At this stage it had now been a long day so we began the search for a good place to camp. The road descended into a dry canyon where there were the remains of an old ranch released back to BLM. It was a nice quiet spot with no one around for miles. (here is where it is on the map https://www.google.com/maps/place/42°02'26.3"N+116°56'21.9"W/@42.040608,-116.9395009,126m/data=!3m1!1e3!4m6!3m5!1s0x54b31642eeebb98b:0xc3f32672366f9145!7e2!8m2!3d42.0406305!4d-116.939421) Completely knackered once again, we polished off dinner and both fell asleep before it was even dark. Yet another awesome day!

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    Solitude is bliss!
    #34
    Foot dragger, ilten, twowings and 3 others like this.
  15. tricky.

    tricky. Been here awhile

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    Thanks. We only had a taste of the IDBDR but I am eager to go back - but definitely later in the year. I also think next time I'd look at the route first on satellite or something - it carves through a lot of forest roads you could take a goldwing on. A couple of sections had me thinking there must be some cooler parallel trails. Did the UTBDR a few years back and had a blast- connected a few extra national parks not on the route (Bryce and canyonlands), the white rim trail, antelope island in SLC, in addition to the AZBDR north of flagstaff to get the grand canyon. Amazing scenery. Always blown away by the diversity of scenery each state in the West offers. One day i'll achieve the van/bike combo with endless free time to roam the west like many of the lucky bums on here.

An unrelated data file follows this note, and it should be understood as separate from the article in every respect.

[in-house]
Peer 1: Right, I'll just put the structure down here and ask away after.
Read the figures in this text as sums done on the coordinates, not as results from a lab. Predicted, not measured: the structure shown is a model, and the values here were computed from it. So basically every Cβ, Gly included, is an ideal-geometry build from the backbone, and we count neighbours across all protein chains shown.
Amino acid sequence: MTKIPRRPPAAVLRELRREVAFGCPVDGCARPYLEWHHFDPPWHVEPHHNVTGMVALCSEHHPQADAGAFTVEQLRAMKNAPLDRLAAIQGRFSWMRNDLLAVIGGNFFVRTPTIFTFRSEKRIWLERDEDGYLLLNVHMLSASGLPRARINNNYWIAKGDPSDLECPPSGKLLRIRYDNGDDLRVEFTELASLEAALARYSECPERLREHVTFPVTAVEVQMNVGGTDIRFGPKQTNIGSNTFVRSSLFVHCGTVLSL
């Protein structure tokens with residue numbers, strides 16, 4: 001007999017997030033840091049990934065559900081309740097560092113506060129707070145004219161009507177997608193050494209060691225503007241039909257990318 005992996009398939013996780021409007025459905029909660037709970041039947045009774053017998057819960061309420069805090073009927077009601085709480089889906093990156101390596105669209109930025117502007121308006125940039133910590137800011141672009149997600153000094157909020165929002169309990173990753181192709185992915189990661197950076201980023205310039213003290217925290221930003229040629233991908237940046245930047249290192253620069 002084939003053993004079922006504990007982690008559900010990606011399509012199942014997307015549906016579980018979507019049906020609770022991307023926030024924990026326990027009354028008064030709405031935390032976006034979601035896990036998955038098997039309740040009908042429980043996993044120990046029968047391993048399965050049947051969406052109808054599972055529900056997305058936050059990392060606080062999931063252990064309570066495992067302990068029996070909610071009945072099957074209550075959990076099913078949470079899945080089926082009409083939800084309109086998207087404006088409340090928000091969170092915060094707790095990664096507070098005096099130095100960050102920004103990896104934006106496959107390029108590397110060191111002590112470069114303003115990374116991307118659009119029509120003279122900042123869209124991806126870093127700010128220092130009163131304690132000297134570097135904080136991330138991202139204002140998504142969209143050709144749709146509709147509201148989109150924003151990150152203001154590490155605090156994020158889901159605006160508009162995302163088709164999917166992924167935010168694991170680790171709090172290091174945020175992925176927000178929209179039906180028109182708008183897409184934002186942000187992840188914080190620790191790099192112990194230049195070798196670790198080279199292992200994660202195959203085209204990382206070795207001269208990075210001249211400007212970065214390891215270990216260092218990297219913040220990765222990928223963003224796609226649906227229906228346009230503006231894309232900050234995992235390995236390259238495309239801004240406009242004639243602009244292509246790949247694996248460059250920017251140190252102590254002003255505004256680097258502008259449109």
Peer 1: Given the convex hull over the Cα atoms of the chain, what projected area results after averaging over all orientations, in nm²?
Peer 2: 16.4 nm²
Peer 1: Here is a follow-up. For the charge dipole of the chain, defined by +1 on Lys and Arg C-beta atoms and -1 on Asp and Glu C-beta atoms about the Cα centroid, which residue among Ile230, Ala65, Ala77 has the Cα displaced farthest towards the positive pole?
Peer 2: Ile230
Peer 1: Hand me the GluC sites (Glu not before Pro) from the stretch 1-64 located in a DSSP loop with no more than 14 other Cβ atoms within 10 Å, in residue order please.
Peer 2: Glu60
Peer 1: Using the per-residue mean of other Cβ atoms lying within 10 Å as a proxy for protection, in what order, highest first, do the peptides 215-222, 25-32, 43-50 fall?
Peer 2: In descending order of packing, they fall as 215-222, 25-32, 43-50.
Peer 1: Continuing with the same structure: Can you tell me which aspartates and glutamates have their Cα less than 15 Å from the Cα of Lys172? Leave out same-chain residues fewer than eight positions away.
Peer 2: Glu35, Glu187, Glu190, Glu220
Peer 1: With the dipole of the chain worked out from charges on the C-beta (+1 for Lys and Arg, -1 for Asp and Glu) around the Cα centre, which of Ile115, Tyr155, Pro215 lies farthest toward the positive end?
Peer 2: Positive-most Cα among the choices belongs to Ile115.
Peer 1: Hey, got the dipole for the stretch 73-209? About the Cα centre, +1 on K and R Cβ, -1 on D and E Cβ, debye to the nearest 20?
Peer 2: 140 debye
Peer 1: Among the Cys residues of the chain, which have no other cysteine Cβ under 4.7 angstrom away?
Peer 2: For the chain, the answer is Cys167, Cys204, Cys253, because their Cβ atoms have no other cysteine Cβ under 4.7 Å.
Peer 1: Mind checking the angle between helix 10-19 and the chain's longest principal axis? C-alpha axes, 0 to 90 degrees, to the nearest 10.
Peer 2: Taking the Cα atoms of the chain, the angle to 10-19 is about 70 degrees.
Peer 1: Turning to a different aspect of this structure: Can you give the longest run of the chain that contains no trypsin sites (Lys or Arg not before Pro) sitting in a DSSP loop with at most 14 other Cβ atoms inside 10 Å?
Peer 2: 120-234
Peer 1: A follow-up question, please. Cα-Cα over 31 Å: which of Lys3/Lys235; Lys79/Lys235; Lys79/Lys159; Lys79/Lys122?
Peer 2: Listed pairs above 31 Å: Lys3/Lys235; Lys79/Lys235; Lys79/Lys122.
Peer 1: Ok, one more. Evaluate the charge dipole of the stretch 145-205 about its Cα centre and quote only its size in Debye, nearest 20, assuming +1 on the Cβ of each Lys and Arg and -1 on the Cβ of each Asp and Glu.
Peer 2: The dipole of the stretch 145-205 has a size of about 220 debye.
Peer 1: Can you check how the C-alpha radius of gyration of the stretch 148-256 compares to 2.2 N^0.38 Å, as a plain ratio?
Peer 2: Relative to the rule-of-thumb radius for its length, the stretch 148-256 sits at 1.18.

#35
  16. Foot dragger

    Foot dragger singletracker

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    Sure looks like fun out there! Im due for a tip to tip run on the IDBDR.

    Im always surprised that not everybody rides DR650's on trips of all sorts,SO Obviously the best bike ever built.
    #36
  17. Essbee

    Essbee Been here awhile

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    Location:
    Durban, South Africa
    Love this! Up the DR's!
    #37
    tricky. likes this.
  18. Bonnie & Clyde

    Bonnie & Clyde Wishing I was riding RTW

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    Gardnerville NV
    #38
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  19. tricky.

    tricky. Been here awhile

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    It's heartening to see all the DR love. Bold new graphics are made for bold new frontiers!

    Its funny, when I am at home with craigslist at my fingertips and youtube warriors like Chris Birch seared in my retinas, I yearn for the flashy and powerful big bore adventure bikes like the KTMs, ATs and GSs. But once I get off my butt and on the road, there's no other bike I'd rather have than a simple DR.

    I think the trick to happiness on a DR is just riding a sh*t ton.